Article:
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Posted (edited)

I really do think the proposal of bus franchising is like amputating a leg to fix an ingrowing toe nail. The word from Manchester is that it will cost around £135m just to restructure the local authority to run the new system - that is a lot of taxpayers money spent without anything changing to the timetables, routes, fleet, tickets or infrastructure.

 

The other option offered by the government is an enhanced partnership, which would build on the current bus partnership in place in Sheffield that involves the main operators, SYPTE and Sheffield City Council and has seen co-ordinated timetables on routes served by rival operators and very good value commuter tickets. This seems a much more sensible, value for money option.

 

A lot of the arguments for major change seem to be built on myths and political dogma. For a start for the businesses running buses in Sheffield it isn't lucrative with huge profits being creamed off for shareholders, the reality is margins are wafer thin and much commercial risk is taken when trying innovative new services or upgrading existing ones. London isn't exactly the best role model to hold up either, where bus use has been in decline for the last 8 years, partly due to journey times getting longer and reliability falling due to congestion and a halt on investment in things like bus lanes and their enforcement. Commuting in London is more expensive than in Sheffield too - a weekly cap on bus & tram travel in London is £21.70, whilst in Sheffield a weekly Citywide pass for all buses and trams bought online costs £16.30. London buses don't have things like wifi, USB phone charging sockets or comfy faux leather seats like some Sheffield buses either! They also don't take cash.

 

Lets look at where the issues are with Sheffield's buses, as I see them (as a user):

  • long journey times and poor reliability on some routes: this is due to road traffic congestion and to fix needs investment in bus priority measures and proper enforcement. PUBLIC SECTOR FAIL.
  • Cuts to services in some areas or times of day that aren't busy enough to be financially viable but considered socially or economically important. This is the tendered network that SYPTE specify and financially support that has been the victim of budget cuts due to government austerity policy. PUBLIC SECTOR FAIL.
  • Complex and confusing ticket range: The Travelmaster range of tickets is accepted by all operators and offers options for bus, tram and train. Individual operators also offer their own cheaper products for those willing to stay local. The obvious way to simplify things would be to sweep away the operator specific products and just have Travelmaster - but those that would pay more as a result wouldn't be happy.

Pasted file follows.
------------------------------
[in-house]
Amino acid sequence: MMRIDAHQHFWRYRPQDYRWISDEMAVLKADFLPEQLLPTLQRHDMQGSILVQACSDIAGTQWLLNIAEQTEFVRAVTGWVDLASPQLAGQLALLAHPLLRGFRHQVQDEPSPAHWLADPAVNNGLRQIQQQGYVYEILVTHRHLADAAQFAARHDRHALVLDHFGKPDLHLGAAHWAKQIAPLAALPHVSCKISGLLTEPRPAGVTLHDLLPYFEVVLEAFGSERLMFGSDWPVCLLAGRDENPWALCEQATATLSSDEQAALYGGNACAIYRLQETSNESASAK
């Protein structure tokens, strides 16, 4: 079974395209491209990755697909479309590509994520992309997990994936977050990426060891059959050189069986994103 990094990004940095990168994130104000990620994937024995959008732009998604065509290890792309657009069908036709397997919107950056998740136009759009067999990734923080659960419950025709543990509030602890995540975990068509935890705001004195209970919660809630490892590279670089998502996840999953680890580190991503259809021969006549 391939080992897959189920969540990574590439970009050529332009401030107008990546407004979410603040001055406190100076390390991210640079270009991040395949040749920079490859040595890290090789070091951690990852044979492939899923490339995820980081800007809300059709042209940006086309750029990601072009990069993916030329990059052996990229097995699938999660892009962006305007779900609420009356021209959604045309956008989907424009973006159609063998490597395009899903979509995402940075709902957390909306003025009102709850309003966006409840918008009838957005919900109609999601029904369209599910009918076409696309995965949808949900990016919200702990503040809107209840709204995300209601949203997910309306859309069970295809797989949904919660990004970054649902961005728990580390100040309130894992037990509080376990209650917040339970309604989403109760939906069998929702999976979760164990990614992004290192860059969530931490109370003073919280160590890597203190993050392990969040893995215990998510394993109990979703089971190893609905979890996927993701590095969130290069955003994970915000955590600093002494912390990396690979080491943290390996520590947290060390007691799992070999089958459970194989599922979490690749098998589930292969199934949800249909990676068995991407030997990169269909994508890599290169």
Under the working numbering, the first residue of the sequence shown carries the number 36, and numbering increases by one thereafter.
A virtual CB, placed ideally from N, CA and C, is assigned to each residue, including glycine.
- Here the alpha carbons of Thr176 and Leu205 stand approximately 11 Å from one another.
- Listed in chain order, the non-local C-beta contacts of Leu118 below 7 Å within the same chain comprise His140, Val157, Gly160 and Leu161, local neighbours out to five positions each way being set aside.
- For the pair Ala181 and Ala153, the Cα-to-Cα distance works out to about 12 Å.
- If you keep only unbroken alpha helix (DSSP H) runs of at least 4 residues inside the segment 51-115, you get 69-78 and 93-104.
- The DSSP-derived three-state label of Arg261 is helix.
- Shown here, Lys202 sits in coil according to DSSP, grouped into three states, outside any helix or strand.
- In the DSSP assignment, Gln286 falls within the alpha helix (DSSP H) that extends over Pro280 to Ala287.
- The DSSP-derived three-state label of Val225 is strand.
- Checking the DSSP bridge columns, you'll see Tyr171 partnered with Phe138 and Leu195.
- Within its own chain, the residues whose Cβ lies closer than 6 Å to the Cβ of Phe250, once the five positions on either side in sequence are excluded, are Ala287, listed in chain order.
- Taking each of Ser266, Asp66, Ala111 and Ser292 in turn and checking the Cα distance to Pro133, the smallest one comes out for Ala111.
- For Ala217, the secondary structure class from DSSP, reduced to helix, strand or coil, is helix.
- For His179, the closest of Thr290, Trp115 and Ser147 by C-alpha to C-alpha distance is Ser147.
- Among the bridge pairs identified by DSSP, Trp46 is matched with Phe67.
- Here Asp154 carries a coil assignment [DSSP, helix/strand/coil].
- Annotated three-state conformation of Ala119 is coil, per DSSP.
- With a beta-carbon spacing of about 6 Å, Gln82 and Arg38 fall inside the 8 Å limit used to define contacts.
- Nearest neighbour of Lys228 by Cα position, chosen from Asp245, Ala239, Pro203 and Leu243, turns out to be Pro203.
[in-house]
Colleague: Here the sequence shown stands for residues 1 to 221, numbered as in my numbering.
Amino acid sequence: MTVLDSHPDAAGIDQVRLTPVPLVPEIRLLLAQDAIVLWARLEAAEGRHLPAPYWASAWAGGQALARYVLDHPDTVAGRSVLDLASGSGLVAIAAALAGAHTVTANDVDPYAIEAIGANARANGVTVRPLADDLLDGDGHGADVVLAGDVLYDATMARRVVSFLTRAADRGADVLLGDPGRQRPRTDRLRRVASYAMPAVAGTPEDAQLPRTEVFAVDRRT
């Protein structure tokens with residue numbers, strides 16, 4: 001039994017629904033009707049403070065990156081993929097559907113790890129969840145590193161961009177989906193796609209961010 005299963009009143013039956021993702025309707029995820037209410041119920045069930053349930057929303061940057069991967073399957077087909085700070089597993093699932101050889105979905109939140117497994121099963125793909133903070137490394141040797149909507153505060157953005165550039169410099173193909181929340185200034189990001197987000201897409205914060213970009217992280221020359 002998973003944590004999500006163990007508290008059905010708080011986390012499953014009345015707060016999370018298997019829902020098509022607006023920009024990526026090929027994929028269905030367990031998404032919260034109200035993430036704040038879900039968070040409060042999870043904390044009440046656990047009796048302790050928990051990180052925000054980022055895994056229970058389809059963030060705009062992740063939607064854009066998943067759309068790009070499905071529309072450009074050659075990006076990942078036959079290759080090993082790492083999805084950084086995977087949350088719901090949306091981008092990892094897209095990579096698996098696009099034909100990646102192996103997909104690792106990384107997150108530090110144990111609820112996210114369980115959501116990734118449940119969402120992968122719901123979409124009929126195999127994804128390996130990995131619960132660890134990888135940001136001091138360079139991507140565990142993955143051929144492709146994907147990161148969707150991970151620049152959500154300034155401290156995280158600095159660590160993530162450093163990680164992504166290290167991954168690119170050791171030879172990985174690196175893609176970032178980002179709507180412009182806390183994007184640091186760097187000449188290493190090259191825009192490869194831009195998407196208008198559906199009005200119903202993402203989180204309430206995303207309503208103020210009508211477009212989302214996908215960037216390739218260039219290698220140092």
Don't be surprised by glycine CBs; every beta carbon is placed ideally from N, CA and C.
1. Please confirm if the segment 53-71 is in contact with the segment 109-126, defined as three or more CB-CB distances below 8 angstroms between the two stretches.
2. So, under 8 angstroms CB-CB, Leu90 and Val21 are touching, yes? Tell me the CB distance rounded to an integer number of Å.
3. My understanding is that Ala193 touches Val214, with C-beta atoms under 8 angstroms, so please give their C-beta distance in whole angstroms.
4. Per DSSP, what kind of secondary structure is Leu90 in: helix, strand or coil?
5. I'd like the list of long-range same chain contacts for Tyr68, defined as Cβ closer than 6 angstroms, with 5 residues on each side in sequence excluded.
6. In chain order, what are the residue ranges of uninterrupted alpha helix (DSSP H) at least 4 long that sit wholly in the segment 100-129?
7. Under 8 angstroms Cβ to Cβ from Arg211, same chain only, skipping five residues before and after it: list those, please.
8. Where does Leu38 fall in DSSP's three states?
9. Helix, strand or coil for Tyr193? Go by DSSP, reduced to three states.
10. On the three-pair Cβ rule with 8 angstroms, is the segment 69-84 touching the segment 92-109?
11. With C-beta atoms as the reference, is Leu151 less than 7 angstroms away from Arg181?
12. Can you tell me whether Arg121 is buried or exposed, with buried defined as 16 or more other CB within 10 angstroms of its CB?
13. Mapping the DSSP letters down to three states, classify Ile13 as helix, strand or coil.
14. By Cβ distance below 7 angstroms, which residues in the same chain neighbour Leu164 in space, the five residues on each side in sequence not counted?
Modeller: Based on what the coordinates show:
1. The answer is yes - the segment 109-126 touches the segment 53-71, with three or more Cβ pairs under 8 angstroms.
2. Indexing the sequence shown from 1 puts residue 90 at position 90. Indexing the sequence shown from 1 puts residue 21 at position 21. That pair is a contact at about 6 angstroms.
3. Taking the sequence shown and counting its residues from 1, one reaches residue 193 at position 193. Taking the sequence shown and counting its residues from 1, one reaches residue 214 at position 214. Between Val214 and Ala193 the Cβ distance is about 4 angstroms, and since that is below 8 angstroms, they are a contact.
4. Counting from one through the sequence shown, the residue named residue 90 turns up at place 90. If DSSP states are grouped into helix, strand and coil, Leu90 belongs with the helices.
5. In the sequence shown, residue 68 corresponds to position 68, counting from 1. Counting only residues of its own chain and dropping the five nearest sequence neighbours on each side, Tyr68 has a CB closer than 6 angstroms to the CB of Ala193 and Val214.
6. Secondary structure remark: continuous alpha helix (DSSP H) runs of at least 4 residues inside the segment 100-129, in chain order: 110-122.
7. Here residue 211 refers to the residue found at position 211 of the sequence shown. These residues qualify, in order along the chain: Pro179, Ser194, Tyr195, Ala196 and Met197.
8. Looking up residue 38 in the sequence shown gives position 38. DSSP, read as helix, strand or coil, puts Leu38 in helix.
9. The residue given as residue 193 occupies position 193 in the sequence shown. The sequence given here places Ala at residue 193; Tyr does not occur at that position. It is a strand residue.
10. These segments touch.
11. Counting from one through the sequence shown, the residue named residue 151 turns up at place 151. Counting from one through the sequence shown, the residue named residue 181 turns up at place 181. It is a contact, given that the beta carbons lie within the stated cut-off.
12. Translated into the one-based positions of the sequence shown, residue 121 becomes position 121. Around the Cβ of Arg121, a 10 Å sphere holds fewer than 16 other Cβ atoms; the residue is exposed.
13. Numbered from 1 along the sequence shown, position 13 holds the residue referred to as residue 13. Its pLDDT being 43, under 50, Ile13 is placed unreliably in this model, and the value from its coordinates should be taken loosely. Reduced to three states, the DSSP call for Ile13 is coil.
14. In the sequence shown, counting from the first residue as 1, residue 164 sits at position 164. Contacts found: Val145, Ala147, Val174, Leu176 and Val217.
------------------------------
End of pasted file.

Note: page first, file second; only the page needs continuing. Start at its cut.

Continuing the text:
• Family tickets not cheap enough to attract such groups out of cars - this is an unfortunate by product of how the concessionary fare scheme for young people works - the operators do not get the reimbursement for discounted child travel if they are on a family ticket.
  • Glass wall syndrome: Lack of buses and multi-operator ticketing across the county boundary between South Yorkshire and Derbyshire. This is a result of local authorities only taking interest within their own patch and would probably only get worse with franchising.

As far as I can tell, none of the above problems are the result of private businesses running the services, they are all things local authorities could fix under the current set up. It is probably also worth mentioning that the current bus companies - be that big national companies like Stagecoach and First or small local independent businesses like Hulleys of Baslow - have a lot of experienced, passionate professionals involved running them that frankly know what they are doing and would be a great loss if a change of structure saw them move on.

Edited by Andy C

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Posted (edited)

Very good analysis, @Andy C, but unfortunately doesn't fit with the 'politicians should interfere everywhere, even though they know sweet fanny adams about the subject' mentality which appears to be the focus of the 'report' mentioned earlier by BigAl1.

See post #116 - if it works down there, why can we not try a similar scheme here? Oh, I forget, 'it's not how we work up here!'. Gimme strength.

Edited by RollingJ

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3 hours ago, RollingJ said:

Very good analysis, @Andy C, but unfortunately doesn't fit with the 'politicians should interfere everywhere, even though they know sweet fanny adams about the subject' mentality which appears to be the focus of the 'report' mentioned earlier by BigAl1.

See post #116 - if it works down there, why can we not try a similar scheme here? Oh, I forget, 'it's not how we work up here!'. Gimme strength.

That is the problem. The local politicians want not only to "improve" things, they also want to bed seen to do so and gain the votes that go with it. 

I have no doubt that when the Manchester system fails as it inevitably will, the local politicians will find a way to blame the bus companies. 

We need a national body overseeing this, manned by Knowledgable staff from within the transport industry. They could set service levels nationally with local authorities topping up through financial inputs. This would remove county boundaries and lessen the local political interference. It would also result in a uniform approach to ticketing and timetabling. 

Sadly that will never happen as the local politicians will never approve it.